Monday, November 17, 2014

Vanilla Sky

In Vanilla Sky, the ending is a little frustrating. It has a good message, sure - sometimes the best thing to do is to start over - but learning that the entire movie was a dream is a sure way to annoy most of the audience. The point where everything became a dream is interesting, though. It starts out pretty
boring, washed-out colors, basic dialogue shots and two shots most of the time. But then there's this shot of the mask lying on the ground because that's where David passed out. The transition from this to the morning is subtle, but what happens is all of the colors get brighter, the skies go to their permanent state of Monet-like perfection, and, of course, Sofia has returned to him and is telling him to open his eyes. This moment has a lot of deeper meaning within the film, showing the point where David chose to splice the Lucid Dream with his real life. He chose this moment because this was the moment when he could tell that he'd just let a real chance at love walk out of his life. It was the kind of moment he could only really notice as a turning point upon looking back at his whole life. But in the
film, it is abundantly clear that a change has happened. Even without knowing that this is where the dream begins, it is clear that something has happened. The colors are brighter, the scenes are more exciting, the plot begins to move along faster. Now that David and Sofia have found each other, nothing else can happen. Of course, there are still the flash-forwards to David in the mask in prison after everything has gone wrong, but for the most part after passing out in the street everything gets better. The editing is what gives the film that feeling of excitement and wonder that is found in a dream, where everything is perfect. The editing also brought the incredible transition between the last of David's real life and the beginning of his new, dream life.

Another thing that was edited very well into the movie was David's scars disappearing and reappearing. He didn't reconnect with Sofia until after he got the scars, and until then he also didn't
want to have them. But she accepted him regardless of the scars, and he was happy despite his disfigurement. His choice to have his scars removed and his face fixed has a deeper meaning as well, but first and foremost he chose to fix his face so that Sofia would be happier because she wouldn't have to put up with stares and judgments from other people. He also wanted to go back to looking like and acting like the person she had first met. The deeper meaning behind the scars being removed from his face is that he is trying to leave his old life with Julie behind. Everything that she did to him, he is trying to remove so that he can love Sofia more fully. This scene was well-edited, as it used a variety of techniques like deep focus to keep the audience from seeing his face as Sofia peels the mask away. It creates a moment of suspense, the same one that David is feeling in that moment. The editing shows how much Sofia and David mean to each other, and how they are willing to do anything for the other. At one point, however, David has a nightmare that the scars have returned, and it surprises everyone when he turns on the light and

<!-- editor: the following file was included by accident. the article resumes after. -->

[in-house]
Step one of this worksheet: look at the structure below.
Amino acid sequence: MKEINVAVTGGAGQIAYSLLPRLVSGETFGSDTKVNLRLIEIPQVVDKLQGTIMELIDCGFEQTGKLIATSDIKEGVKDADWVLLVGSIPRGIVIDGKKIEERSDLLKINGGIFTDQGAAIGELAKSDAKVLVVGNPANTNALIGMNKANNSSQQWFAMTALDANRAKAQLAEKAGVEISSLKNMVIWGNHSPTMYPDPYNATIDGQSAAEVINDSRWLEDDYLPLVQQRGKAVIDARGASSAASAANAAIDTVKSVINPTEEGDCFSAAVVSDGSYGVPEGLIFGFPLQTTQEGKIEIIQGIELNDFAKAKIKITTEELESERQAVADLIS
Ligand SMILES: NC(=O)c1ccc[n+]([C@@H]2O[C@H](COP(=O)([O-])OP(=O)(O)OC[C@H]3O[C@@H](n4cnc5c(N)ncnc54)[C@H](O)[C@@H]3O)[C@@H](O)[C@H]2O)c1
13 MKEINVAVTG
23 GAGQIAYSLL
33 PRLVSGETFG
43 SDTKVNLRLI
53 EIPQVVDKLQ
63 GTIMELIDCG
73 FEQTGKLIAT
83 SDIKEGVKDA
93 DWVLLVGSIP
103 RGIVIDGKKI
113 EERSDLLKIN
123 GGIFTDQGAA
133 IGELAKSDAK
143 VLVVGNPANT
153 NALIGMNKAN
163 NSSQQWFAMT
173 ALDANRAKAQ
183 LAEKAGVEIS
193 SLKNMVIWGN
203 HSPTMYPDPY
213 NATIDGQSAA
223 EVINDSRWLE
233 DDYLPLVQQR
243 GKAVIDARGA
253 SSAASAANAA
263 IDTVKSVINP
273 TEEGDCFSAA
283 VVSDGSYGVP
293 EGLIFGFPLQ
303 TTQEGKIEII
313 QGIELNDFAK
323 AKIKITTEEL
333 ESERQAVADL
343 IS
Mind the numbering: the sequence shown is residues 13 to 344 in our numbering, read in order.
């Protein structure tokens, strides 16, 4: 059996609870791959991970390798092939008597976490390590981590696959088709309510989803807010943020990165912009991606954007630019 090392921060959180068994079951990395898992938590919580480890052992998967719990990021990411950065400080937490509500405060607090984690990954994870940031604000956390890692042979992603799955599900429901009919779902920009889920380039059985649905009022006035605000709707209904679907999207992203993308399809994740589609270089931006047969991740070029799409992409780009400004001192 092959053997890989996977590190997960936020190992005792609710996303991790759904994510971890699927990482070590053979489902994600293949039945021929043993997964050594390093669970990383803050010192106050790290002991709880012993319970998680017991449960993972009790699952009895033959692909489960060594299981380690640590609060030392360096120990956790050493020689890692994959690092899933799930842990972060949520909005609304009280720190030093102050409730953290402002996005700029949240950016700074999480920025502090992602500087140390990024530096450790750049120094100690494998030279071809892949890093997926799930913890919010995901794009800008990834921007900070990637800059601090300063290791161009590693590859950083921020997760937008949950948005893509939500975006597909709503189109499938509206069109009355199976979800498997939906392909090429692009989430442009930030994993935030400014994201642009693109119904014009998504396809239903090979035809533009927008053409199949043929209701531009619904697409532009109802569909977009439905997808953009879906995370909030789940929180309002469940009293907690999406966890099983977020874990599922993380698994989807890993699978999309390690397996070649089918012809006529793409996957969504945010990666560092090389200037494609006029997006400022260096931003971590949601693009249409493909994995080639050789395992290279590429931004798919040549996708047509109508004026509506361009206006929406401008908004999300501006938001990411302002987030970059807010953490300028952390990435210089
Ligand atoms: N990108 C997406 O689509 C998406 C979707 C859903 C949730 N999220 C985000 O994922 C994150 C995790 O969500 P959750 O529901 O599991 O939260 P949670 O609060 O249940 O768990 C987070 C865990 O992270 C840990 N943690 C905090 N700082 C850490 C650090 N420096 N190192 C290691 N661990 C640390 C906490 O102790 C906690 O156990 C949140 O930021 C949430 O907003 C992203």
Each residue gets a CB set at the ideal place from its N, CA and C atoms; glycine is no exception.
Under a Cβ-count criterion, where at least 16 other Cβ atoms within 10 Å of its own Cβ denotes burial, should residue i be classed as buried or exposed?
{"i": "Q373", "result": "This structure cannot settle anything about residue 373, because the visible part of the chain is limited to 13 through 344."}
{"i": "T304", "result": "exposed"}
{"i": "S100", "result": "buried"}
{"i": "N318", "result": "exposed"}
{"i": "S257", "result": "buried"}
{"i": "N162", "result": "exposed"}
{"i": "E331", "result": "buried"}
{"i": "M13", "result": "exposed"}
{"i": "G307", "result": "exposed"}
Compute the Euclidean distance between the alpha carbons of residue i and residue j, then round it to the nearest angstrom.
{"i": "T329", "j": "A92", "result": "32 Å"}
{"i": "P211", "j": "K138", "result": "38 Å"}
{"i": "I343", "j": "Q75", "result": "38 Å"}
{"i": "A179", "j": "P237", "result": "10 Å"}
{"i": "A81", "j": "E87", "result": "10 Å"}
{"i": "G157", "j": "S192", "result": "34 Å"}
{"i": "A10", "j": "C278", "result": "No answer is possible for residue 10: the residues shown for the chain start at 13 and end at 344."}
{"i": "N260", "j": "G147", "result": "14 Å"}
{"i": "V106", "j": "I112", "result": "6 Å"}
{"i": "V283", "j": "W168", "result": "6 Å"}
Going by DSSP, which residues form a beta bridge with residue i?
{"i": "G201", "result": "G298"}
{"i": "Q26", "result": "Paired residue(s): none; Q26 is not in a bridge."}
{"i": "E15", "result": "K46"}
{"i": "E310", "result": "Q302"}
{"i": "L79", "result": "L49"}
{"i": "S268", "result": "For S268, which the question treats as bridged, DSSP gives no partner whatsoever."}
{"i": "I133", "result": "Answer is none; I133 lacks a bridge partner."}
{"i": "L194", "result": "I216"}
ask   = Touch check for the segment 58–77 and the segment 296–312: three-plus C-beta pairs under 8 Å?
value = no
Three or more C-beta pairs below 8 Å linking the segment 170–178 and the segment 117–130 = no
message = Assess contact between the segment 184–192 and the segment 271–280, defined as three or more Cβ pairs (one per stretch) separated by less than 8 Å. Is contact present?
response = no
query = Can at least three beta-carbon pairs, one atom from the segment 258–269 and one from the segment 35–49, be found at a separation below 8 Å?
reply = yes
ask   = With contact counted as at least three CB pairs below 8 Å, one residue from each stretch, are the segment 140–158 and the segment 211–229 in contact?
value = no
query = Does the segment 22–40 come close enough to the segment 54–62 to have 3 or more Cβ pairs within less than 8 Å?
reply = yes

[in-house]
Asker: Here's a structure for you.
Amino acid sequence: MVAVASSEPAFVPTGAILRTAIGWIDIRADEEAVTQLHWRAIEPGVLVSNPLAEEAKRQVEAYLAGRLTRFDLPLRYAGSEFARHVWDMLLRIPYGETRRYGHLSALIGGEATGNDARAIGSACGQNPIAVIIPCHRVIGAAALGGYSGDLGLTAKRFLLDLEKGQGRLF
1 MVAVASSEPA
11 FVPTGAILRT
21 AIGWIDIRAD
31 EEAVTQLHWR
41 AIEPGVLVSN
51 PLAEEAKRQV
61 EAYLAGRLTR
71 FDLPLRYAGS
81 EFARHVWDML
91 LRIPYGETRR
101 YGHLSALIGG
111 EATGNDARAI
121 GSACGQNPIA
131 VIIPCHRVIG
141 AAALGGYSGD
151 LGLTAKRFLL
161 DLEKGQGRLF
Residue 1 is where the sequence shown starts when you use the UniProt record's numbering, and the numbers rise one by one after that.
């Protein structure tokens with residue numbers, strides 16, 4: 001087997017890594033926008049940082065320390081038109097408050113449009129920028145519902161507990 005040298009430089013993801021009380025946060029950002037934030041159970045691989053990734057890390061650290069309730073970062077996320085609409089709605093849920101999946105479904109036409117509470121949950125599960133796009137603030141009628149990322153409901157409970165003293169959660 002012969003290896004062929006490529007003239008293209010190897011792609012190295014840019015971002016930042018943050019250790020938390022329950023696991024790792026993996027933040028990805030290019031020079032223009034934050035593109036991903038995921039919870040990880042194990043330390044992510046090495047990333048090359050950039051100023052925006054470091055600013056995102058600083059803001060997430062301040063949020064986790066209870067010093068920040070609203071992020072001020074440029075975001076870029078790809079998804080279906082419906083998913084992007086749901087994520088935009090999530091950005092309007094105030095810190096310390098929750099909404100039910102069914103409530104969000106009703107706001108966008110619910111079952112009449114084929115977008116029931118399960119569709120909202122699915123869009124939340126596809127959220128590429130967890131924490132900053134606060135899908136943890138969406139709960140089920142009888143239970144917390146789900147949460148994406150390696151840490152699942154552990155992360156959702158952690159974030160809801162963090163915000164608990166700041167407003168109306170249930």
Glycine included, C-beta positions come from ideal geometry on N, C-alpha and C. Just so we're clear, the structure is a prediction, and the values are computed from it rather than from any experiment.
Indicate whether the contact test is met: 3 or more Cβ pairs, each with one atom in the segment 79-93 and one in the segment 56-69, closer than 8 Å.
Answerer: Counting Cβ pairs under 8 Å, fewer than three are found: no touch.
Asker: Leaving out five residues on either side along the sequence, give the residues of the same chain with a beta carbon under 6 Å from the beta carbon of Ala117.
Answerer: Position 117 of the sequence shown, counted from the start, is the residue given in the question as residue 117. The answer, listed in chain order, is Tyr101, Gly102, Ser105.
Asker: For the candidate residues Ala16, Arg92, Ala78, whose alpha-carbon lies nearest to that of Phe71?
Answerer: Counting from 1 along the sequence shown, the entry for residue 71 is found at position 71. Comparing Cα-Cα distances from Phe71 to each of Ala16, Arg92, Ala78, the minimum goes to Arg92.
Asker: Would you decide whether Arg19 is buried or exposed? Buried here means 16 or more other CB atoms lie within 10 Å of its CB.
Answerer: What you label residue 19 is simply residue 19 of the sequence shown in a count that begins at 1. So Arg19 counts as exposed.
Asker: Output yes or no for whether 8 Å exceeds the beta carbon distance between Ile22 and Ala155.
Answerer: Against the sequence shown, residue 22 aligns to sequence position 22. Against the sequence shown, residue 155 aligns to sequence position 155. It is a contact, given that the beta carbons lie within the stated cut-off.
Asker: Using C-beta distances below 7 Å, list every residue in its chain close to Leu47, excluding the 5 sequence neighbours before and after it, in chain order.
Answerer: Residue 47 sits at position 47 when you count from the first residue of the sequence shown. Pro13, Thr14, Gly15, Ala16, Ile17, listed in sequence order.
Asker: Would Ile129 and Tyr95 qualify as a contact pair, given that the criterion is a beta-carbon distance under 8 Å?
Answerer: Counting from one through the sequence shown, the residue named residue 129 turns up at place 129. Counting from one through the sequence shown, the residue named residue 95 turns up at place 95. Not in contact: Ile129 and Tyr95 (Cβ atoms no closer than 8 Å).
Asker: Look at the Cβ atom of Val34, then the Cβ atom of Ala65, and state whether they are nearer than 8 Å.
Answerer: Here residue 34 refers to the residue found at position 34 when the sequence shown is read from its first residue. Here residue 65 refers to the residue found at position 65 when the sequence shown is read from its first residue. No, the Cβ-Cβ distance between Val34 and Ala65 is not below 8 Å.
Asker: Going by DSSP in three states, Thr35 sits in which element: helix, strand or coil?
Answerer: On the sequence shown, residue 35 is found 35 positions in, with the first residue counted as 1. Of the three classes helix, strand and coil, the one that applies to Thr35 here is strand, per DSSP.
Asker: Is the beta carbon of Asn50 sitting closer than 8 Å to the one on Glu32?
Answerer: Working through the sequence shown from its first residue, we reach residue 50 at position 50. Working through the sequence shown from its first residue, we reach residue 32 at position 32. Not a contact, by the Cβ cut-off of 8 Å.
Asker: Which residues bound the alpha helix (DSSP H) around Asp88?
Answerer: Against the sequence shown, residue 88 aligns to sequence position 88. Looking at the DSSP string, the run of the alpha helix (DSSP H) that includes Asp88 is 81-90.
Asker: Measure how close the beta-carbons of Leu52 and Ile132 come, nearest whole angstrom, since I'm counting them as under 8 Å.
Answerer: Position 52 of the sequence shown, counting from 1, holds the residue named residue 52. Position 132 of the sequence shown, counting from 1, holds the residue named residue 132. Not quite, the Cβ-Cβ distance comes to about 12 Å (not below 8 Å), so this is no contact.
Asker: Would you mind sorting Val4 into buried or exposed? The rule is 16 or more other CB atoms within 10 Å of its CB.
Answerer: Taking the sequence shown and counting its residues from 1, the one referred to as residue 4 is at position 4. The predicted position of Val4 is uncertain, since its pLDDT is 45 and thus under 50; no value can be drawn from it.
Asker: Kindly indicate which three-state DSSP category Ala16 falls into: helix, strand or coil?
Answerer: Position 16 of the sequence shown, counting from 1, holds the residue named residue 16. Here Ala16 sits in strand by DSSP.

there is a scarred face in the mirror instead of a smooth one. Then he wakes up. There is parallel editing as he makes his way over to the sink and mirror again, just like in the dream. This creates a feeling of tension, because the audience knows what happened before when this happened. They know what should be coming, what has been set up to come. Of course, the dream he had was just a nightmare, but after this is when everything else starts to go wrong. The return of his scars signifies the guilt he has over being so happy with Sofia after Julie worked her way into his life. The dream environment was controlled by his mind, and his mind wouldn't let go of Julie. So she was back into his life. This was all preluded by the suspenseful nightmare about the return of his scars, and without the way it was edited, there might not have been a tension on which to build the falling apart of the dream world.

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